5 Cold-Tolerant Crops For the Fall Garden & Best Varieties

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The summer garden may still be going strong, but the fall garden is already beginning. While we can grow many of the same crops for the fall garden as we do the spring garden, choosing specific varieties that thrive in the fall can make a difference in not only the quantity and quality of harvest but also how long those crops survive into the late fall and winter. In this post, I’ll share the varieties of my staple fall and winter crops that I specifically choose for fall planting.

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In the spring when planting cool season crops, it can sometimes be a challenge to get a crop to a harvest before it gets too hot and the plant wants to bolt or set seed. This is not the case in the fall garden. Instead of selecting more heat-tolerant varieties like we do in the spring, the fall garden beckons us to focus on cold hardy varieties.

Let’s dive into several varieties of certain crops I love to grow in the fall that perform well in my garden, plus a few tips on identifying cold hardy varieties in seed catalogs to help you make the best choice.

Prefer to watch? You can watch the video below to see my favorite varieties and the crops I grow in my fall garden:


There are so many varieties of lettuce available it’s hard to know how to choose. How do you narrow down what varieties are the best for your fall garden? Seed catalogs usually will give you hints by describing a plant as “cold-tolerant” or “great for fall.”

Also, take note of the varieties that started to get bitter first in your spring garden. Those will usually make the best candidates for your fall garden. I like to grow mine in my Greenstalk Veritcal Planter because if there is a cold snap, I can move them under cover and extend the life of my lettuce. (Use my code JILL10 for $10 off your order of $75 or more.)

lettuce in the greenstalk

My favorite varieties for fall and winter:

  • Tango
  • Winter Density
  • Monte Carlo


I sometimes struggle to get broccoli to grow in my spring garden with our sudden temperature swings and heat waves. I have found out how to combat that by picking the right varieties. To learn more about growing broccoli in the spring in a warm climate, click here.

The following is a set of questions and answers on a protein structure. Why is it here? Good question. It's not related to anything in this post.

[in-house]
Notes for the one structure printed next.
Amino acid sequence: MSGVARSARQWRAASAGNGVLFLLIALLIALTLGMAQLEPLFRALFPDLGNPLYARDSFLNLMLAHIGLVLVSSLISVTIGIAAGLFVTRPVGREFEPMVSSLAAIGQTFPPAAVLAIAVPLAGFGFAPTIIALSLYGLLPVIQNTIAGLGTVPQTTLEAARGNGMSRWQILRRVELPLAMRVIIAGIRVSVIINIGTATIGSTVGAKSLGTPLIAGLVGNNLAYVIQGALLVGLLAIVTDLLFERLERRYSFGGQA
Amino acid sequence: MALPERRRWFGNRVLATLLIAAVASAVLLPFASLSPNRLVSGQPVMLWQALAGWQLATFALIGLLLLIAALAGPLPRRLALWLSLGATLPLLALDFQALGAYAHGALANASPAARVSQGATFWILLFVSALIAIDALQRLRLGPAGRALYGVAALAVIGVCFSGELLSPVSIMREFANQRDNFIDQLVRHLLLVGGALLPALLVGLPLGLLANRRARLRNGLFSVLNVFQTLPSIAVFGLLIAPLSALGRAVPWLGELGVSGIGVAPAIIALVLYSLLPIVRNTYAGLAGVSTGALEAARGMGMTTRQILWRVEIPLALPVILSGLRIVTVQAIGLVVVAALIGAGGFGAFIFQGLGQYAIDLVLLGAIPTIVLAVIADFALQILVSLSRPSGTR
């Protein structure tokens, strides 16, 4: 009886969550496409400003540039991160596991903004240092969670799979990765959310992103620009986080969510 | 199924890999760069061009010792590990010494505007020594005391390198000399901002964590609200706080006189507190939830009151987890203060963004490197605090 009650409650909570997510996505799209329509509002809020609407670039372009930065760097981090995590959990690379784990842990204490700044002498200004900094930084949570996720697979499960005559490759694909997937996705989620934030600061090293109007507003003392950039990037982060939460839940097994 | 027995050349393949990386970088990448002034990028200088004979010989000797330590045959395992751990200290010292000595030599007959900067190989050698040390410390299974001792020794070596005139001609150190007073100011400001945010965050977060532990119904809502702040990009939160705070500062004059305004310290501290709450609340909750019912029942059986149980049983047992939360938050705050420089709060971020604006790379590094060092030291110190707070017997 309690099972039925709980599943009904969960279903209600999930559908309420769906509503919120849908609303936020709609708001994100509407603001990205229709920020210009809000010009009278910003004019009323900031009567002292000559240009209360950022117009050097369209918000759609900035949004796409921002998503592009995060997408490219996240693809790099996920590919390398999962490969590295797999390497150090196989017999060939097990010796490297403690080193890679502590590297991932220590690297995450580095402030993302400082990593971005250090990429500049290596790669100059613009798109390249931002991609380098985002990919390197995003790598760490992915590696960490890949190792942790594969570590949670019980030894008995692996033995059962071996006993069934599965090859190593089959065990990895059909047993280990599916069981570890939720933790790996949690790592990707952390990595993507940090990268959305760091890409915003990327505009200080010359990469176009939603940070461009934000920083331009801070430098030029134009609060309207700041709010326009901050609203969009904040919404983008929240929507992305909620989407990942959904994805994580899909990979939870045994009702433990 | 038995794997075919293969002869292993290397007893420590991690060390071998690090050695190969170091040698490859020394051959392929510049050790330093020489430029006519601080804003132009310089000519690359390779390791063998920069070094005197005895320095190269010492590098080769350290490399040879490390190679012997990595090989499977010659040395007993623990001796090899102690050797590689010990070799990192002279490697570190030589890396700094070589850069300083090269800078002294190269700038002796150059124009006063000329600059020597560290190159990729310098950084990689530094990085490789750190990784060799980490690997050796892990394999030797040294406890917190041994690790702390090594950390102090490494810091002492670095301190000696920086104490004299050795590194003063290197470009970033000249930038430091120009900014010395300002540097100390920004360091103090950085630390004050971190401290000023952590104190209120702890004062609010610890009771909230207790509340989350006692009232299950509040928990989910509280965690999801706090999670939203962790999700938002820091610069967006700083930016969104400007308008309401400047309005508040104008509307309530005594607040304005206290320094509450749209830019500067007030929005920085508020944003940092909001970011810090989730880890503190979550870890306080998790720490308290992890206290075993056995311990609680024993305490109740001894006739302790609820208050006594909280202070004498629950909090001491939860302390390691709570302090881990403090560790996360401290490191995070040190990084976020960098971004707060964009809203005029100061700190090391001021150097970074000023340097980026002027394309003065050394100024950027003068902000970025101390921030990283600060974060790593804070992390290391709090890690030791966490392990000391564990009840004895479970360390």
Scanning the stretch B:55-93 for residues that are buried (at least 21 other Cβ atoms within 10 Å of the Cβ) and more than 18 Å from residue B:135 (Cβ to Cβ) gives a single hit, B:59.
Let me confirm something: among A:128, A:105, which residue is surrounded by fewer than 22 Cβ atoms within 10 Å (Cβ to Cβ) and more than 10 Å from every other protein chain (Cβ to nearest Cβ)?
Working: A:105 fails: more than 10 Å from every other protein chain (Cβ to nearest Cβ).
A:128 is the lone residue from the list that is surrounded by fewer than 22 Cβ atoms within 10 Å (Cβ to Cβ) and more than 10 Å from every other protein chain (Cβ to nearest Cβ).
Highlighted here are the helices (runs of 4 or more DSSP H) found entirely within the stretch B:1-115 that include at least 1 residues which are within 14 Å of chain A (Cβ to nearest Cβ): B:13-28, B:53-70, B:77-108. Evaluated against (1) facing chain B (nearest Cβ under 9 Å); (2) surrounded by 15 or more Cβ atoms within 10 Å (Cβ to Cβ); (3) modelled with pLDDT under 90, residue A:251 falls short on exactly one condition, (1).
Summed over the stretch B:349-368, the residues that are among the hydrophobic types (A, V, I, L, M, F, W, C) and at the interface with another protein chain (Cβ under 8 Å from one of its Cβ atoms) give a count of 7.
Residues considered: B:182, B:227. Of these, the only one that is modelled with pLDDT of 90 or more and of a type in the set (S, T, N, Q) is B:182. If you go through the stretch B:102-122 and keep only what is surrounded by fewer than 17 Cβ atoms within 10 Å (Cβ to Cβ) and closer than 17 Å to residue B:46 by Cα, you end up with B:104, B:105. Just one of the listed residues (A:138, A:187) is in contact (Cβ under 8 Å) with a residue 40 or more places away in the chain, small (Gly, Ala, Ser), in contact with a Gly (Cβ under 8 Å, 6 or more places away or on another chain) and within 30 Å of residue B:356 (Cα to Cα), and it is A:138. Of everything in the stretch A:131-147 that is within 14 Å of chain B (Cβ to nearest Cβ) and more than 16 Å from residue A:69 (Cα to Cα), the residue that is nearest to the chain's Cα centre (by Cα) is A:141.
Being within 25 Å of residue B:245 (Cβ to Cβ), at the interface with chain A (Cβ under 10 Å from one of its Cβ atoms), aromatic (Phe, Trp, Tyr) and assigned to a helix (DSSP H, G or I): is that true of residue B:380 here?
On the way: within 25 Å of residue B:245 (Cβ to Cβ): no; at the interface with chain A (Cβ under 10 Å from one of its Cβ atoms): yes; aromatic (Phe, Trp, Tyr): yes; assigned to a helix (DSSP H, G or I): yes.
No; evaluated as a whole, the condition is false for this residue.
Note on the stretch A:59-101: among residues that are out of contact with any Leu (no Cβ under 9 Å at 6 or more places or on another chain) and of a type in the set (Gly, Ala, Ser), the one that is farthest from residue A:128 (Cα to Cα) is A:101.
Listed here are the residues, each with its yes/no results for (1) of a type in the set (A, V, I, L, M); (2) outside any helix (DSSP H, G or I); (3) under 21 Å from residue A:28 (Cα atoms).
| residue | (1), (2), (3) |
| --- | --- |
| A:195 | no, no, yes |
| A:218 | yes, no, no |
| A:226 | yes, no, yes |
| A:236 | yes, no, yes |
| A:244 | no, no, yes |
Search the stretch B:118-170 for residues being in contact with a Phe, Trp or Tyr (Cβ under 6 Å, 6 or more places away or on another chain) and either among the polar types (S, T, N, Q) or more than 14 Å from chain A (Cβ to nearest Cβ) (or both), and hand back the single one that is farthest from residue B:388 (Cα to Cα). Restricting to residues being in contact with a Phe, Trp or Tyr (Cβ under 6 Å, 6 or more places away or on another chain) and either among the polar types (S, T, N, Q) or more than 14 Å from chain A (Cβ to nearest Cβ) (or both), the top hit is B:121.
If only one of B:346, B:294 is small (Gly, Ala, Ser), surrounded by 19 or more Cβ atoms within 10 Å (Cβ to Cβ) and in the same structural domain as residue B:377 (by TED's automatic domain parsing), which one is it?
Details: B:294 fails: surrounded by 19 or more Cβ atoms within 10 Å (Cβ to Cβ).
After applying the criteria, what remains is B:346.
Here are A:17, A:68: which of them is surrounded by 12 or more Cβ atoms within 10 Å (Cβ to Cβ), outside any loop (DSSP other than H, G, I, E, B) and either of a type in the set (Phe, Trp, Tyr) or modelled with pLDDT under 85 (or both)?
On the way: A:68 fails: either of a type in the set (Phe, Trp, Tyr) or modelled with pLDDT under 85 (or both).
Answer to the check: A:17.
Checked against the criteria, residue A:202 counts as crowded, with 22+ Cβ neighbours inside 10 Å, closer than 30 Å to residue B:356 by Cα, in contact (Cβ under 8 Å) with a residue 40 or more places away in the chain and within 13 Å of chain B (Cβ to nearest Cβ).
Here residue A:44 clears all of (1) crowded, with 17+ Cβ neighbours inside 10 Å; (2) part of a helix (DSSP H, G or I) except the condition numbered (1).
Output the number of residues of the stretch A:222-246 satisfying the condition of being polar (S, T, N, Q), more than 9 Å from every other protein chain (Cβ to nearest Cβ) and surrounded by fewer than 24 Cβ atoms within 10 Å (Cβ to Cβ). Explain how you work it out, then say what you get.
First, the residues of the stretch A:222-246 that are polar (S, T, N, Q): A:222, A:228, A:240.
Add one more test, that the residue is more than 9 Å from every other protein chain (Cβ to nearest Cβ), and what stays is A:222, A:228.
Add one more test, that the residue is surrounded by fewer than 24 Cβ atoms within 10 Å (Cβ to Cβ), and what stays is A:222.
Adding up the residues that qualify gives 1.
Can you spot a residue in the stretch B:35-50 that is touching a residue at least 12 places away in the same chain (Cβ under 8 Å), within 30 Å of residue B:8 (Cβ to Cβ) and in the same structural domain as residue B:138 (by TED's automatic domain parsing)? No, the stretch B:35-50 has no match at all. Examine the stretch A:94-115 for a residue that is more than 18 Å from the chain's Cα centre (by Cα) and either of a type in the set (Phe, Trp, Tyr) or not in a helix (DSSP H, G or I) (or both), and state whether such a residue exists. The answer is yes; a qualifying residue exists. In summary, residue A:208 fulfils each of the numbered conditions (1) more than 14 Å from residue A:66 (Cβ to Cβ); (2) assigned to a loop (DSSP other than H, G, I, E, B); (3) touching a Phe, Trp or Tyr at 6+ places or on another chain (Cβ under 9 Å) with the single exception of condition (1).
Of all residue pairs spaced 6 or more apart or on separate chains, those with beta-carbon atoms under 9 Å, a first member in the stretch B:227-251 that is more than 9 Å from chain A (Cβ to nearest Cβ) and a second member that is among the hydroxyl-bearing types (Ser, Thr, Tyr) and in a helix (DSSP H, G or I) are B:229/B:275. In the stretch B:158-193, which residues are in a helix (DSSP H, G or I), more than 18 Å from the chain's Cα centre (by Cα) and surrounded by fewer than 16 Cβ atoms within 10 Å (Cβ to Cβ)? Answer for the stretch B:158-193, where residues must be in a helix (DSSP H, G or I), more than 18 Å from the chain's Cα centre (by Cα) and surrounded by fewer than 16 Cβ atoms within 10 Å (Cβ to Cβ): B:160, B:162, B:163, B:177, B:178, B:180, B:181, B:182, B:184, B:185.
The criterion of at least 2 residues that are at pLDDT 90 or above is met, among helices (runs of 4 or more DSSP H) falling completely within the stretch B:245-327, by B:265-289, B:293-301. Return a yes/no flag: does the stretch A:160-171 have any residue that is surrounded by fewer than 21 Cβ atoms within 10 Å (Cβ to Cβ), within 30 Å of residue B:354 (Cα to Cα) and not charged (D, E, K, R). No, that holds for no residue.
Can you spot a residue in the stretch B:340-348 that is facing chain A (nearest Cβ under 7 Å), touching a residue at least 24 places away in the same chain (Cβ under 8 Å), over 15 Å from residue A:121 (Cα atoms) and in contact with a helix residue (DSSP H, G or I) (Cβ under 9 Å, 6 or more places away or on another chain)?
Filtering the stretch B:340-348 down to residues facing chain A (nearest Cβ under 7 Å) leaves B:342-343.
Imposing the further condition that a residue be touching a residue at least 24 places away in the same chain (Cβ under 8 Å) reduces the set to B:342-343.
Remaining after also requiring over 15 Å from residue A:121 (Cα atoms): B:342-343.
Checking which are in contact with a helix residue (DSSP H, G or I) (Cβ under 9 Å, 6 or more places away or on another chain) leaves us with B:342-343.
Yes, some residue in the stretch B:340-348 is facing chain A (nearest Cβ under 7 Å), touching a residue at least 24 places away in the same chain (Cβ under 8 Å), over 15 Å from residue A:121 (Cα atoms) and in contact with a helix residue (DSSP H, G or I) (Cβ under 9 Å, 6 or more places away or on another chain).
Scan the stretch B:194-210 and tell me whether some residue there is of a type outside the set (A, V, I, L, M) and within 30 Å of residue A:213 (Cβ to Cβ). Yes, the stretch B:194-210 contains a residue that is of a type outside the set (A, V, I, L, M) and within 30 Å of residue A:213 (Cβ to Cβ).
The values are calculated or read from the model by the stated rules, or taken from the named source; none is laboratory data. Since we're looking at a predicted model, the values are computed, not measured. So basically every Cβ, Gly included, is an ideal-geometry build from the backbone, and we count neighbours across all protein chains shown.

I’ve learned along the way which key terms to identify when picking out varieties to grow in my fall garden. Those key words include “field holding capacity,” “winter garden,” and “cold weather.” Also picking a variety that is a shorter days to maturity can help in the fall as well. As the days get shorter, the growing will slow on all crops.


My favorite varieties:

  • Green Magic
  • Castle Dome


Cabbage is an all-around great crop for the fall garden. It is cold hardy and can withstand temperature dips far colder than lettuce or broccoli. (Cabbage in my garden can survive down into ths 20sF.)

This is especially true if you pick the right varieties. Look for designations on a seed catalog such as a snowflake symbol in the catalog (meaning it’s more cold tolerant). The name of varieties also gives you clues. For example, a variety of cabbage called ‘Tundra’ is going to be able to withstand colder temperatures than other varieties might.

One way I’ve been able to get my cabbage to harvest in the fall and winter is to choose a short days to maturity variety. That way, it has time to develop a full head before day length stops growth and cold temps shut it down. My favorite variety for my fall garden is called ‘Farao’ from Johnny’s Seeds.

fall cabbage harvest


I love carrots planted in my fall garden. Harvesting them after they have been through a couple of frosts makes them super sweet. Key words I look for in selecting varieties from a seed catalog are “good for storage”, “overwintering” or simply, “good for fall and winter.” Also, select varieties that in your spring garden bolted early or tasted exceptionally spicy. Most likely, those are less heat-tolerant and would enjoy the cold weather more.

My favorites are New Kuroda carrots from Baker Creek and Scarlet Keeper from Wood Prairie. (Use my code JILL5 for 5% off your order)



As the lettuces begin to fade and succumb to the cold temperatures, greens such as mustard greens, kale, and arugula will begin to shine in your garden. These are much more tolerant to the cold in general. I love to use greens mixes in my garden to extend my season and get a harvest in the winter when little else will grow.

My favorite mixes — Elegance Greens (below) and Premium Greens Mix come from Johnny’s Seeds. (Tip: purchase a larger package for more for your money; they will last a couple of years at least in both spring and fall.)

elegance greens mix

I hope you will give some of these varieties a try in your garden. Let me know in the comments below if you’ve ever tried any of these. What other cold tolerant varieties of fall and winter crops can you add?

Are you wanting to know what tasks you can be working on in your garden in the fall and winter months? My free download can help! Click here to download the Seasonal Task List free download!

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  1. This was a great article. PLEASE do more articles like this. Everyone in the garden world (and elsewhere!) is focusing on podcasts and videos. There are just so many hours in the day. I can get the same data from in an article in a much shorter time. Thanks!

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